Some timely reminders of the downsides of relying on algorithms particularly in fast changing markets.
I am impressed by platforms that use machine learning to help leaders focus on on people, assets, events where decisions must be made rather than those situations that do not need change.
360Globalnet helping insurance companies focus on potential fraud whilst helping bona fide claimants get claims processed faster. Analysing unstructured & structured data is key to this
Or Carto, enabling enterprises to join & analyse spatial and enterprise data to see the relationships and predict traffic flows, optimal locations and far more.
Or Logi Analytics bringing self-service analytics to people across an organisation to allow operatives and team leaders to combine experience, knowledge to interpret predictive analytics more accurately.
All three bring the power of self-service albeit in a secure, scalable and practical manner that bridges IT and the business user.
And allow users to embed analytics in enterprise apps and workflows/processes so that users can make & execute better decisions because they don't have to come out of the systems they are using for the job in hand.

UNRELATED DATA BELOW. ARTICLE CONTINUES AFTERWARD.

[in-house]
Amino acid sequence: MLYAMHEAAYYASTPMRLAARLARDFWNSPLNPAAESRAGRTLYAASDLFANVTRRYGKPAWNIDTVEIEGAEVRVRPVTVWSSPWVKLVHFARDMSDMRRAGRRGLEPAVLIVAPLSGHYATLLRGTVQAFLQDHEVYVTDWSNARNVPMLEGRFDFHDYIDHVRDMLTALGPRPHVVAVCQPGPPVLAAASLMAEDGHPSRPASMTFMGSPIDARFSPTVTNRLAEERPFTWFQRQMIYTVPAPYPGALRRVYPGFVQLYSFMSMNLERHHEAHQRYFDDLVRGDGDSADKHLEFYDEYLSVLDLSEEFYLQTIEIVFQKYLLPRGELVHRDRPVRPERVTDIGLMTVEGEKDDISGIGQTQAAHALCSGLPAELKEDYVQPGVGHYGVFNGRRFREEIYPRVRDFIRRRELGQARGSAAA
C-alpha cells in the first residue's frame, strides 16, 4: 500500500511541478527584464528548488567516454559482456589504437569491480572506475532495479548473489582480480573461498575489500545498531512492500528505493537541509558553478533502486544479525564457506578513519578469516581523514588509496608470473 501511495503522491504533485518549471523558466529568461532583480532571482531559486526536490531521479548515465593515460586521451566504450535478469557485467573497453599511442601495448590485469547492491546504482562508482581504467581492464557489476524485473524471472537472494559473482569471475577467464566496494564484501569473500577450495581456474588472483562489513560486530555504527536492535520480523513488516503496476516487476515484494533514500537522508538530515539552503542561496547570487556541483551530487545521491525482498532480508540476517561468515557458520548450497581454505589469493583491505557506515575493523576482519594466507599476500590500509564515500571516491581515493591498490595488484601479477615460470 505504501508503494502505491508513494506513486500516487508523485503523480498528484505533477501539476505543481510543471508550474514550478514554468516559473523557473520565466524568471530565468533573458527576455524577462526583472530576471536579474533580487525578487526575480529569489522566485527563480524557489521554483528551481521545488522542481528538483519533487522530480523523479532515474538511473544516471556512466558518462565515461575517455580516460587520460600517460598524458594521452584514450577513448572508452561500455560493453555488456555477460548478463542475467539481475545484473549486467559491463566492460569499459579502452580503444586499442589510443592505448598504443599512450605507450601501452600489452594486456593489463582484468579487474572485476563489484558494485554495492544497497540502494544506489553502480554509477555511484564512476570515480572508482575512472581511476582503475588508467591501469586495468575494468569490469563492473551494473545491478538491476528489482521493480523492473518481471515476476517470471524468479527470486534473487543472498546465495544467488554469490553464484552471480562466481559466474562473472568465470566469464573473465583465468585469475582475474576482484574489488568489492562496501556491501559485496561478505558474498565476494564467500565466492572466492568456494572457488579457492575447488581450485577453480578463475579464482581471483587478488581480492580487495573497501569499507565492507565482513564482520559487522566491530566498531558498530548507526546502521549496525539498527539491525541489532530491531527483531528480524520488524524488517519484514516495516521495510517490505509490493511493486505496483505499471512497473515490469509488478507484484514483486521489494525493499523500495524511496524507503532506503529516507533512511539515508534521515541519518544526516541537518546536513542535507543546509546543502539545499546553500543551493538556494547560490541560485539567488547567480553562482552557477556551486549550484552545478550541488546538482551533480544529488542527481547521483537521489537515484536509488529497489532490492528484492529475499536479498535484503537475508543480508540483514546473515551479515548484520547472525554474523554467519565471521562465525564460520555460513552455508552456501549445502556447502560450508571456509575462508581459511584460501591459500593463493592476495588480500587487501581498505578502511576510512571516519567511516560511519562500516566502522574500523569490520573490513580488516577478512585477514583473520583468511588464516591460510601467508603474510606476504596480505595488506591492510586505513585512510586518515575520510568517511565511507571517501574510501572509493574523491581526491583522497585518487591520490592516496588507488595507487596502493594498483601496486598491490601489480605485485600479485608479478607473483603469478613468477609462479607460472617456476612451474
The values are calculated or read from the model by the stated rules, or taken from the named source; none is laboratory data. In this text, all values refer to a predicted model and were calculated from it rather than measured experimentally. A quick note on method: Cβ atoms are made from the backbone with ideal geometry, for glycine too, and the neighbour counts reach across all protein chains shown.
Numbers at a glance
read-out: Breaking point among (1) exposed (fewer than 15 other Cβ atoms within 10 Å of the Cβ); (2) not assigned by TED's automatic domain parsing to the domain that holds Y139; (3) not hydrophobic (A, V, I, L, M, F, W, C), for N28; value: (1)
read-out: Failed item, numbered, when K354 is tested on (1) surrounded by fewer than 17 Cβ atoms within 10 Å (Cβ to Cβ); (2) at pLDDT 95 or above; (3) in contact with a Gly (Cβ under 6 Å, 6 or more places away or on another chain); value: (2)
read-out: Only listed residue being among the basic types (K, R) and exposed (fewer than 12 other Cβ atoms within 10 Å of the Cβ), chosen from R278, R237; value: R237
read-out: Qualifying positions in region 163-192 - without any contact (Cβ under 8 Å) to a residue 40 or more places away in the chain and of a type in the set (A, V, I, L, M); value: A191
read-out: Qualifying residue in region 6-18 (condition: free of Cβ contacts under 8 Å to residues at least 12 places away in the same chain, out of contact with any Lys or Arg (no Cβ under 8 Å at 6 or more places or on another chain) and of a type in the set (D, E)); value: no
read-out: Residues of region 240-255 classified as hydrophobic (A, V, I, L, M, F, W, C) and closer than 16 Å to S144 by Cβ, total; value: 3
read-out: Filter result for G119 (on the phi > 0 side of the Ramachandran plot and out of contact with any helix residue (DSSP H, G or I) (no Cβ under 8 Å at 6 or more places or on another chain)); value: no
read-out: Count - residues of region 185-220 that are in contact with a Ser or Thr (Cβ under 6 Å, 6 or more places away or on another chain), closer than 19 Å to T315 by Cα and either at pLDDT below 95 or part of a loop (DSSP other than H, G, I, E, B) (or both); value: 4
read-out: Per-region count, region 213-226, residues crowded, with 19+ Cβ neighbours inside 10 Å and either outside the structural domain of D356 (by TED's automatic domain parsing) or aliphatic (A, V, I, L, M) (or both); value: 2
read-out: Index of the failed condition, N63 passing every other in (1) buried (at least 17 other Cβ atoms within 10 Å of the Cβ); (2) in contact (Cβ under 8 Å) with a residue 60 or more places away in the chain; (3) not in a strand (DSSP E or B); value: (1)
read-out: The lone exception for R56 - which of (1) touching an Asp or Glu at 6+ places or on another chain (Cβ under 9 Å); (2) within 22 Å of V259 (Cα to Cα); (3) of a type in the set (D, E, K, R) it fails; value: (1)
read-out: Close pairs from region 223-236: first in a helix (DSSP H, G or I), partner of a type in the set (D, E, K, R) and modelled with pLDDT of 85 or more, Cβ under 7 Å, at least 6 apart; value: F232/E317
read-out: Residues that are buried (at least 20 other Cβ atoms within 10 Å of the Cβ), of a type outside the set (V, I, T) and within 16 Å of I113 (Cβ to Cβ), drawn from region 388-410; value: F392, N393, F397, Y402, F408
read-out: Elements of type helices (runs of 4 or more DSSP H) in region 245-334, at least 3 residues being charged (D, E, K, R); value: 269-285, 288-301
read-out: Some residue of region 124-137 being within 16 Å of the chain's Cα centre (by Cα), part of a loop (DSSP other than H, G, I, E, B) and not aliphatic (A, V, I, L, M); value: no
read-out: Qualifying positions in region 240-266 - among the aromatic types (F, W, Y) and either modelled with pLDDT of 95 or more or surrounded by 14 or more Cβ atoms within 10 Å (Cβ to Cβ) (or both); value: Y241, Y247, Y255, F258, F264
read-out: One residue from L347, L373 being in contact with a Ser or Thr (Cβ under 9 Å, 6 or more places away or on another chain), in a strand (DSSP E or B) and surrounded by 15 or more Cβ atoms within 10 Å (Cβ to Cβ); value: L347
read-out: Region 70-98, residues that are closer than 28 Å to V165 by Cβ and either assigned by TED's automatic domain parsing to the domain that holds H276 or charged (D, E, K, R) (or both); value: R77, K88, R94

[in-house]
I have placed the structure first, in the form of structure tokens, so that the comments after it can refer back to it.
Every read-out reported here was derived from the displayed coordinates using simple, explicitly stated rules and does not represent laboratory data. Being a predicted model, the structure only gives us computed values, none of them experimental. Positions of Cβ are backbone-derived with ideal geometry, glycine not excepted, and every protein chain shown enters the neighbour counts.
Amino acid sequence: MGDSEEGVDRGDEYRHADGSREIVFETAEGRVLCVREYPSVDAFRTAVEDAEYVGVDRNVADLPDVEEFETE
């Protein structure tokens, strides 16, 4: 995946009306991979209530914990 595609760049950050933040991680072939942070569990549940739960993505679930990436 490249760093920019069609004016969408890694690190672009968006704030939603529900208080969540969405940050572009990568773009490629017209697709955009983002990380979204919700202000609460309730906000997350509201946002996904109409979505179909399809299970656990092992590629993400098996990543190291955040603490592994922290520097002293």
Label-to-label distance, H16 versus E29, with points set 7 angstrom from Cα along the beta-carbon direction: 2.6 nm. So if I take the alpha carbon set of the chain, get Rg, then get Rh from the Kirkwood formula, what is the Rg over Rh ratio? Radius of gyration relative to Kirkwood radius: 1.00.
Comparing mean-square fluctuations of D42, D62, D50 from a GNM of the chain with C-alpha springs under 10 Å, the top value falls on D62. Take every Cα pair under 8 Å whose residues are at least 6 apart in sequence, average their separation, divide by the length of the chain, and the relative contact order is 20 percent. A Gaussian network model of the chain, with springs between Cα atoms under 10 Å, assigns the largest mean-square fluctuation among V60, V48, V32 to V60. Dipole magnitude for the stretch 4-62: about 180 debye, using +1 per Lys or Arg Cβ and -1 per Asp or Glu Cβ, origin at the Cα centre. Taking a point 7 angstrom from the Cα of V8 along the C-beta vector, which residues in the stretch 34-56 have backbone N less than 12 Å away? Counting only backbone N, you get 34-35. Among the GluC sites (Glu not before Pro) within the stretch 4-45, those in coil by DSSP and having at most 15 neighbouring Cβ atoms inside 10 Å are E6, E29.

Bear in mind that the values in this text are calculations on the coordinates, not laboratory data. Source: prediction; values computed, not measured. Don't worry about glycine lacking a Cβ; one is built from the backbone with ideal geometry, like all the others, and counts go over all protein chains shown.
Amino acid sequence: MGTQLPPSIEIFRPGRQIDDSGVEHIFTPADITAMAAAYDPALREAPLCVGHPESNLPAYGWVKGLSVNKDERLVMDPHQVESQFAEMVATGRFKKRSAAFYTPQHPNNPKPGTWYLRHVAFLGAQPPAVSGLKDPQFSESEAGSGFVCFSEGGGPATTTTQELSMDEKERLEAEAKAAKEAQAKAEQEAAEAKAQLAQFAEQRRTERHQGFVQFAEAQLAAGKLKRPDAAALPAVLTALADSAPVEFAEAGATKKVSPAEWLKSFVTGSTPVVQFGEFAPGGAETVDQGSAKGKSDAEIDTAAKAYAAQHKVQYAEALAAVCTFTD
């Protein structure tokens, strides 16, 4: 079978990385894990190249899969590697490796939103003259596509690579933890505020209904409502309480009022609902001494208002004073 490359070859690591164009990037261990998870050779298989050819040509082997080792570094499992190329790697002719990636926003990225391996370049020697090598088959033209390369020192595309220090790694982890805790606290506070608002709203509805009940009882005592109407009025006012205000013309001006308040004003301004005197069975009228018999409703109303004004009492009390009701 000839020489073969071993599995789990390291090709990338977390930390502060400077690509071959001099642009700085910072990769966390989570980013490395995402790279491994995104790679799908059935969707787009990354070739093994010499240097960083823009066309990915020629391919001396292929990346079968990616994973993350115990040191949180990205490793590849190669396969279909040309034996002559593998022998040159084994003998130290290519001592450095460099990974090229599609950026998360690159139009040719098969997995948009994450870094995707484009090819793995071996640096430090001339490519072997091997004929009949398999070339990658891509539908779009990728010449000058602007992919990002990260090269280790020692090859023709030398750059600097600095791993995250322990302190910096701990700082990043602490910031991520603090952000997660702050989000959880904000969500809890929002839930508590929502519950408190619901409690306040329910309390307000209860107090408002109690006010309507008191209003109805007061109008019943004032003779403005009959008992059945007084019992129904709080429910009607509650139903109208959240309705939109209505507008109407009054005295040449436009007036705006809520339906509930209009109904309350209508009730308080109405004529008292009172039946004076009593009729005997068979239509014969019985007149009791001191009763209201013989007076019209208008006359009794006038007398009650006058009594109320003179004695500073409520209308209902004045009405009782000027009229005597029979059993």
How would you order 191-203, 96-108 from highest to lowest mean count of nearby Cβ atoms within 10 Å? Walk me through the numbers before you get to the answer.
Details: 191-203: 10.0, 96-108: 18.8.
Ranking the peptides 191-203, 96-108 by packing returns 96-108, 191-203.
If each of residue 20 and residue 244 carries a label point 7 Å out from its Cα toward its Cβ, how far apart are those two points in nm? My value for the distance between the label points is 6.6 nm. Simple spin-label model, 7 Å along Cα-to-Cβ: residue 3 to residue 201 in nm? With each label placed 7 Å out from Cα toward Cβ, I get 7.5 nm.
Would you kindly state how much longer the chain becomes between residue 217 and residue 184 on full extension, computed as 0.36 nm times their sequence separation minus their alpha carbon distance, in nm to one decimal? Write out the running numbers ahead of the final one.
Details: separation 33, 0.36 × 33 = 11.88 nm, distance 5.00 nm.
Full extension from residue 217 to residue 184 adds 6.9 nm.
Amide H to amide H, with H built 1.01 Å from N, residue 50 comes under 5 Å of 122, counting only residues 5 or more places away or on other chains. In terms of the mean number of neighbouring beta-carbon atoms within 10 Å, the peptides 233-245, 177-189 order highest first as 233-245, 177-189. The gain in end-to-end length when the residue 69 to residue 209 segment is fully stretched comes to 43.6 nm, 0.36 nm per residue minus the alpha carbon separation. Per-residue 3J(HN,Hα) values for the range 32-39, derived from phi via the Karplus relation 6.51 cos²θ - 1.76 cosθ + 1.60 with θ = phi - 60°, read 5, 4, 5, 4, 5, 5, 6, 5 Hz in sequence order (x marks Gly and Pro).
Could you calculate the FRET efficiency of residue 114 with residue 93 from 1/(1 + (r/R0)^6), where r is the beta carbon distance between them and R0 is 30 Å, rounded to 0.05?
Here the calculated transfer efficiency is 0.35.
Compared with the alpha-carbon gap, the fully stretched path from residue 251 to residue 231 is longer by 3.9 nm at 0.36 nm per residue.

Machine learning algorithms need to be trained, and to be trained effectively they require a lot of data. Quite often, machine learning algorithms are trained on a particular dataset and then applied to make predictions on future data, the scope of which cannot necessarily be anticipated. "What is an accurate model on one dataset may no longer be accurate on another dataset if the underlying characteristics of the data change," said Spencer Greenberg of ClearerThinking.org, in an interview. "That may be fine, if the system you are making predictions about changes very slowly but if the system changes rapidly, the machine learning algorithm may make very poor predictions, since what it learned in the past may no longer apply."